Covid Tracking Conspiracies On ‘Stuff They Don’t Want You To Know’

The pandemic is providing a lot of strange headlines: World leaders going missing, UFO sightings confirmed by the Pentagon, the price of oil going negative. While any one of these, on its own, would probably constitute an episode of Stuff They Don’t Want You To Know, our hosts Ben Bowlin, Noel Brown, and Matt Frederick are still focused on the multiple conspiracy theories swirling around the Internet about the virus itself. On this episode, they delve into tracking apps, astroturfed economic protests, whether the numbers of cases and deaths are being underreported or inflated (and why), and how worried we should be about our elections in November.

A lot of controversy has surrounded the reported numbers themselves. First, people fear that they’re being underreported, which is a pretty plausible fear – nearly every country underreported numbers, sometimes purposely, from the very beginning of the pandemic. But lately, people have feared that the numbers are being falsely inflated to create a sense of fear, control the public’s movements, and purposely crash the economy. This theory says that the numbers are counting every death as a Covid death, whether they died from the virus or some other cause like a heart attack. This is a tough one to investigate because there are many ways a virus can negatively impact our health outcomes, but Ben says taking a look at our “excess death toll” is a good source for figuring out how the virus has directly or indirectly contributed to deaths in the country. In all likelihood, our count for deaths related to the pandemic is actually too low – how much lower is still a mystery.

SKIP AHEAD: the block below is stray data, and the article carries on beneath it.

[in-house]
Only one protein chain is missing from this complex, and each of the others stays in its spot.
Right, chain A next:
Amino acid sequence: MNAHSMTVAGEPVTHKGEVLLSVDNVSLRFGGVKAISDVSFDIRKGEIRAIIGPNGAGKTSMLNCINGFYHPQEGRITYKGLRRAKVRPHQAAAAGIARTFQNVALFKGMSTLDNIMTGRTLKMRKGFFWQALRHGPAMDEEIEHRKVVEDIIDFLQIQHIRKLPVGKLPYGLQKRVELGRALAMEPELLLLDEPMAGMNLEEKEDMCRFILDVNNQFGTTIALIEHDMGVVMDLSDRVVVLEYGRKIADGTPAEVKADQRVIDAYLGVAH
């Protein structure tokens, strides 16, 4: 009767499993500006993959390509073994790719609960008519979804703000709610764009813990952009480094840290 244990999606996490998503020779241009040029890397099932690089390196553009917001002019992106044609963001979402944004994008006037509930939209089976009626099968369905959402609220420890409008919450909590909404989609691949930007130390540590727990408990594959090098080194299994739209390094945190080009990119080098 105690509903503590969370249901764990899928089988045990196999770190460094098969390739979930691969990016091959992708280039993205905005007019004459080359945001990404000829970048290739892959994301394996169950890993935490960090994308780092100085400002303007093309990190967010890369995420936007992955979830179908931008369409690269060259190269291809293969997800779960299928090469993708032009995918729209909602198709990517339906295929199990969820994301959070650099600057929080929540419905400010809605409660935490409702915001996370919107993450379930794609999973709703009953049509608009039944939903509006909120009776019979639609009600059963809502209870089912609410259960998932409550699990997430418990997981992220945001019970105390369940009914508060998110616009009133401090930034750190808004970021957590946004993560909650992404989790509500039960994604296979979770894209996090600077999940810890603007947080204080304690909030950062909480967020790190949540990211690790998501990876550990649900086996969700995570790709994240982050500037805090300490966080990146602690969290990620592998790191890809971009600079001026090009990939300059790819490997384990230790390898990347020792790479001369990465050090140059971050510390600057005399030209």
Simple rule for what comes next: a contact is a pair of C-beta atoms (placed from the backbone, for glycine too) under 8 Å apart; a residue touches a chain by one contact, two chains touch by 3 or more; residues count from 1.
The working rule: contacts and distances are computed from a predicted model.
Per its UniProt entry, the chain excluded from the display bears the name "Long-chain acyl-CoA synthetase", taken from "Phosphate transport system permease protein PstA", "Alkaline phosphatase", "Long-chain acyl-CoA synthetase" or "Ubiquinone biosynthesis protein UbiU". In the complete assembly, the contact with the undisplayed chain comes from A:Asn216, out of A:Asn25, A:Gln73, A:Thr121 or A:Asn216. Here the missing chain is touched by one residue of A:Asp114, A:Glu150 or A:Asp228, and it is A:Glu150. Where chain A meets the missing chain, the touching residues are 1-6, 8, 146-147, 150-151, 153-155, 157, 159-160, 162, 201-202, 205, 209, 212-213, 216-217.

And there is a very real concern that governments the world over will use the pandemic as an excuse for sweeping surveillance measures, because that’s already happening. Contact tracing is an important step in virus containment, but could it go too far? In China, each citizen must get a mandatory Covid tracking app, which restricts their movements depending on their level of exposure. Nearly every country is experimenting with similar technology, with varying degrees of privacy protection. Here in the U.S., Google and Apple have promised to destroy the data collected during the pandemic. But it’s possible legislation will be put into place requiring them to hand it over to the government. If that happens, as Ben says, “If privacy is Elvis and the U.S. is the building, then Elvis has left the building.” Listen to this episode for more coronavirus conspiracies, including the story about Bill Gates, what China is up to in Australia, how our 2020 elections might be affected, and much more on Stuff They Don’t Want You To Know.

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